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Saint Joseph

Rule of St. Benedict to be immortalized in sculpture garden

October 31, 2021 The Central Minnesota Catholic Around the Diocese, FeatureNo comments

Story and photos by Gianna Bonello

The Rule of St. Benedict is approximately 1,500 years old, and thanks to a new sculpture at St John’s University in Collegeville, the Rule will be immortalized in a special way for even longer.

In between Alcuin Library and the Dietrich Reinhart Learning Commons at St. John’s University in Collegeville lies the new Jon Hassler Sculpture Garden. The garden is home to the “Kura: Prophetic Messenger,” a large sculpture commissioned by SJU pottery director Richard Bresnahan. A dedication and reception was Oct. 22 at St. John’s to bless and celebrate the sculpture.

Inside the “Kura” lies a letterpress printed scroll of the Rule of St. Benedict. The scroll was printed and designed by local artist Mary Bruno of Bruno Press.

“It is by far my most epic work. I’m beyond proud of it,” Bruno said.

The Rule of St. Benedict was written in 516 by St. Benedict of Nursia, founder of the Benedictine order. It is over 90 pages long and details the way of life that all Benedictine monks and nuns should follow.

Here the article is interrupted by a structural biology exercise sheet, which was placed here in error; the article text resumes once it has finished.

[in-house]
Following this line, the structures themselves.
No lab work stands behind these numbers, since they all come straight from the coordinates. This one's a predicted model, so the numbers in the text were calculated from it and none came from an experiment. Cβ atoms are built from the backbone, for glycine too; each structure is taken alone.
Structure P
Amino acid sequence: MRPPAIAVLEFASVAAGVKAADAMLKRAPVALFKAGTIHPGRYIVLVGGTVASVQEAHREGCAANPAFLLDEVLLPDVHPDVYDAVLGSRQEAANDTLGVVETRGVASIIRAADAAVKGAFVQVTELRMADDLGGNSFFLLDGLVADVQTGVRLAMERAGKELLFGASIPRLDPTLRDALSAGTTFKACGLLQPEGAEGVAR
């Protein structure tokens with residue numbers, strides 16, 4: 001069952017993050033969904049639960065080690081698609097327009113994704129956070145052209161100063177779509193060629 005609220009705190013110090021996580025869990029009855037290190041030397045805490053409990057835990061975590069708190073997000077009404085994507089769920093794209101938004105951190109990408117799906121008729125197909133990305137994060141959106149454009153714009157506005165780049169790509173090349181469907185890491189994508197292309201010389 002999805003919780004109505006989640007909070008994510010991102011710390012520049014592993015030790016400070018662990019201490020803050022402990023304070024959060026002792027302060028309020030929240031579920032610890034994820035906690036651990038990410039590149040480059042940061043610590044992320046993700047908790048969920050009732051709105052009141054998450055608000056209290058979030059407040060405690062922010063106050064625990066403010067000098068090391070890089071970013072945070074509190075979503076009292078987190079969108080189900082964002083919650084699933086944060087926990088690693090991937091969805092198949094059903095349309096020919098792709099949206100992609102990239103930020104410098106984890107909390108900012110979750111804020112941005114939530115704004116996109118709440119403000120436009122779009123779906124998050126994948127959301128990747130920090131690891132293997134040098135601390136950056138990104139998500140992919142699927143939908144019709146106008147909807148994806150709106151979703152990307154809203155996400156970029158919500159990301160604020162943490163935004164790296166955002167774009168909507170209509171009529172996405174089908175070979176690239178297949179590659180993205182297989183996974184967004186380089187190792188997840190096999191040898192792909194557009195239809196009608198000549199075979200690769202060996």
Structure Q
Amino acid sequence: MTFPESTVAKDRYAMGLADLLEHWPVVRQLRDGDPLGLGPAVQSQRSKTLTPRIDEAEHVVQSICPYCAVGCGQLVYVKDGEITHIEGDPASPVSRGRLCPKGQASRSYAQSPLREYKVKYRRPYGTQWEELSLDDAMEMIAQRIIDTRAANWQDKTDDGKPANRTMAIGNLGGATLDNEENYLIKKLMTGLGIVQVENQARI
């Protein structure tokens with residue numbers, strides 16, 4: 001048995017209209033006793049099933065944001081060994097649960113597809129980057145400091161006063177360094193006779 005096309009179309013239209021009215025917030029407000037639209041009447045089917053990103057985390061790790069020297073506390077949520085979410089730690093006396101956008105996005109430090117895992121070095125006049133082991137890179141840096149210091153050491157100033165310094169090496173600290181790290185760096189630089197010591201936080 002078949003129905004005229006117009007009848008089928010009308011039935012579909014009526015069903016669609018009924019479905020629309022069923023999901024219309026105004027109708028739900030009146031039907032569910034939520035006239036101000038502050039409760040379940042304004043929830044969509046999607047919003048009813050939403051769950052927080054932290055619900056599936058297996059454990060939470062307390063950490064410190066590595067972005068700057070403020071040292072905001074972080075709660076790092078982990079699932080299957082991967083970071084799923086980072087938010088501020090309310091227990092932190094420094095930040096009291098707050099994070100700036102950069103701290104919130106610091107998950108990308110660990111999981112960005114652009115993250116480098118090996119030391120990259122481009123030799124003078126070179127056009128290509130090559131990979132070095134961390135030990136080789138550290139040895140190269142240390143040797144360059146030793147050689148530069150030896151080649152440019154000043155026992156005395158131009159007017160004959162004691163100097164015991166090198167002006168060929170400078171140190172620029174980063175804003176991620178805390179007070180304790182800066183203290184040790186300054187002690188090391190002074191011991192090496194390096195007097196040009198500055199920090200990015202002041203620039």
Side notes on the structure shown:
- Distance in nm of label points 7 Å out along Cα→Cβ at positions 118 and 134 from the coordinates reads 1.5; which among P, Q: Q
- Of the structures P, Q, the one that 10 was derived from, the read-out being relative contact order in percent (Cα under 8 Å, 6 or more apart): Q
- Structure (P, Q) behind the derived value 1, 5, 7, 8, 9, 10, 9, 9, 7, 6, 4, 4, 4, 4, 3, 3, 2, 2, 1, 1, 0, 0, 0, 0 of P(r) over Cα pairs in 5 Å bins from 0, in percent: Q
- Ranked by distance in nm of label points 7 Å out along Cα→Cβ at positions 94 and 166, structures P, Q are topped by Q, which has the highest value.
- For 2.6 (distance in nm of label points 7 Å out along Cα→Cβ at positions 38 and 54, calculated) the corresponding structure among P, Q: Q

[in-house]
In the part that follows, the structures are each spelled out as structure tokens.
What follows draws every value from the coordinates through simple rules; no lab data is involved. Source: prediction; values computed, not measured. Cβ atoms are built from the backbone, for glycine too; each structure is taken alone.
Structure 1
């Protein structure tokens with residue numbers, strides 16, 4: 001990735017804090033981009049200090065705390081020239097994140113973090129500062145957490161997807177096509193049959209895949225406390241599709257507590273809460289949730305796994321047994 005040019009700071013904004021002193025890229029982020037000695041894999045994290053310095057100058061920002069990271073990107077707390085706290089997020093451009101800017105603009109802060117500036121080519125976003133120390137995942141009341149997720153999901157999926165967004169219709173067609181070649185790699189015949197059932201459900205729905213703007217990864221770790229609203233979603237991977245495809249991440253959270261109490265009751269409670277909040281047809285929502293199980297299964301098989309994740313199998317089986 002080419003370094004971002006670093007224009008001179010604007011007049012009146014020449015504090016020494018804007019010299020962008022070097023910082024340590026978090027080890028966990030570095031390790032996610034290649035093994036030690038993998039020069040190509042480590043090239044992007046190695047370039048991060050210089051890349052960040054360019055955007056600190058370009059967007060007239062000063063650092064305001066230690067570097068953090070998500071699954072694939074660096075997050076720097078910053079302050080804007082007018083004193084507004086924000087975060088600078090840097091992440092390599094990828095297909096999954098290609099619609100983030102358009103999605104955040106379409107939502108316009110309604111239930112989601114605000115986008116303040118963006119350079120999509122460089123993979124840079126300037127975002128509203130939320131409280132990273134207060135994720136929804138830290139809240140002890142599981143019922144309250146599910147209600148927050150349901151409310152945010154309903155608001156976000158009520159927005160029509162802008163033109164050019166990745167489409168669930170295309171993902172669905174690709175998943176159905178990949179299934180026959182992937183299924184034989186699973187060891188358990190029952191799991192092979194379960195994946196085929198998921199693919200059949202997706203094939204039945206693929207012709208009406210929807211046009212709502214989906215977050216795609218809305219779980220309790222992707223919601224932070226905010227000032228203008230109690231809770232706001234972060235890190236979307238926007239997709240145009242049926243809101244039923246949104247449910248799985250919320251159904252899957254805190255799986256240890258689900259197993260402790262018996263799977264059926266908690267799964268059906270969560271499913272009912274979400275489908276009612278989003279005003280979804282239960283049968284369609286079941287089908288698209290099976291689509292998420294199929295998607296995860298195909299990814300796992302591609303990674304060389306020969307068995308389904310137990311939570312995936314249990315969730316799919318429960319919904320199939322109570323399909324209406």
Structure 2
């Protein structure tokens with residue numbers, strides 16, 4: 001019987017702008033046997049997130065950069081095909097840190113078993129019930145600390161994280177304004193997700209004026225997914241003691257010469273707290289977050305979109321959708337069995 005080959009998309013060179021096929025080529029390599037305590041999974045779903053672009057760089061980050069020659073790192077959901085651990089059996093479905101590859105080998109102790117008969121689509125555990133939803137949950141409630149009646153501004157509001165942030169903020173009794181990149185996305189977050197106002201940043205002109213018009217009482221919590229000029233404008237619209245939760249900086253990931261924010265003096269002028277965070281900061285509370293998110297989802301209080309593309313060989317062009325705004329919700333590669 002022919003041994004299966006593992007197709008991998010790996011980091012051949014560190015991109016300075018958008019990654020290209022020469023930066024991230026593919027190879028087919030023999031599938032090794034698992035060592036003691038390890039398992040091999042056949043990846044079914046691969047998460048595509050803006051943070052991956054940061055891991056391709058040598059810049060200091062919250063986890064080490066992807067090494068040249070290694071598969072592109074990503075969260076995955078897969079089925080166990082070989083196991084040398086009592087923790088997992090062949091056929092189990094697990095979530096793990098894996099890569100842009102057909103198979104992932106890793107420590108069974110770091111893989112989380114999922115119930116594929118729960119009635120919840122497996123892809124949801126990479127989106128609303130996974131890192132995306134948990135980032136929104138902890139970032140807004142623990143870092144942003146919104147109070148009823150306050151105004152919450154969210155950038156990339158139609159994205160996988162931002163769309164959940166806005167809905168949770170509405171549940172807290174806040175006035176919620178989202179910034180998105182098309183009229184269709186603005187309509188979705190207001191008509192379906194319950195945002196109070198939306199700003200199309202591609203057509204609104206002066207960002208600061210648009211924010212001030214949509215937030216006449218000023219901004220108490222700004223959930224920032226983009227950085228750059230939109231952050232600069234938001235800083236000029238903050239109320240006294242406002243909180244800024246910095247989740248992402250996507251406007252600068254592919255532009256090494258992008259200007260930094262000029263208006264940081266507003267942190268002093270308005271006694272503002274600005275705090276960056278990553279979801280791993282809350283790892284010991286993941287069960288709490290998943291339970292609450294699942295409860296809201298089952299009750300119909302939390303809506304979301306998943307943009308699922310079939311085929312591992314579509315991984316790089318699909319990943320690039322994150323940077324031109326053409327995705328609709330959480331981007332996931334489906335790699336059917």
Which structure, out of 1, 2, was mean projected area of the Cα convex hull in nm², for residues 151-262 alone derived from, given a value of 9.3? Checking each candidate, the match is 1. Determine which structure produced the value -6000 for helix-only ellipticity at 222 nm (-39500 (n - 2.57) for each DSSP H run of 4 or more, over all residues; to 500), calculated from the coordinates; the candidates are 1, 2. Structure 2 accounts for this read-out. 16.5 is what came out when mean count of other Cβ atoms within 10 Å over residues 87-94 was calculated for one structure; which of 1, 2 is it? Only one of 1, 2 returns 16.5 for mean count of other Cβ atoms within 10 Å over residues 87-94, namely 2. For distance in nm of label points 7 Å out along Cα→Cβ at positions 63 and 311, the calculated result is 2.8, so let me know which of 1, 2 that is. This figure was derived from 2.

Bruno’s scroll, which is 36 pages long, was printed completely by hand.

Bruno is the owner of Bruno Press, a letterpress print shop in St. Joseph. She inherited most of the type and the equipment from her father who died in 2003. Her main line of work includes greeting cards, but she also creates fine art prints and event posters and hosts exhibitions.

“It’s pretty much all over the board,” she said.

Bruno said she usually works on a multitude of projects on a day-to-day basis. That is, until Richard Bresnahan approached her about his sculpture project in August 2019.

“It was really cool to just do one thing for a long time,” Bruno said.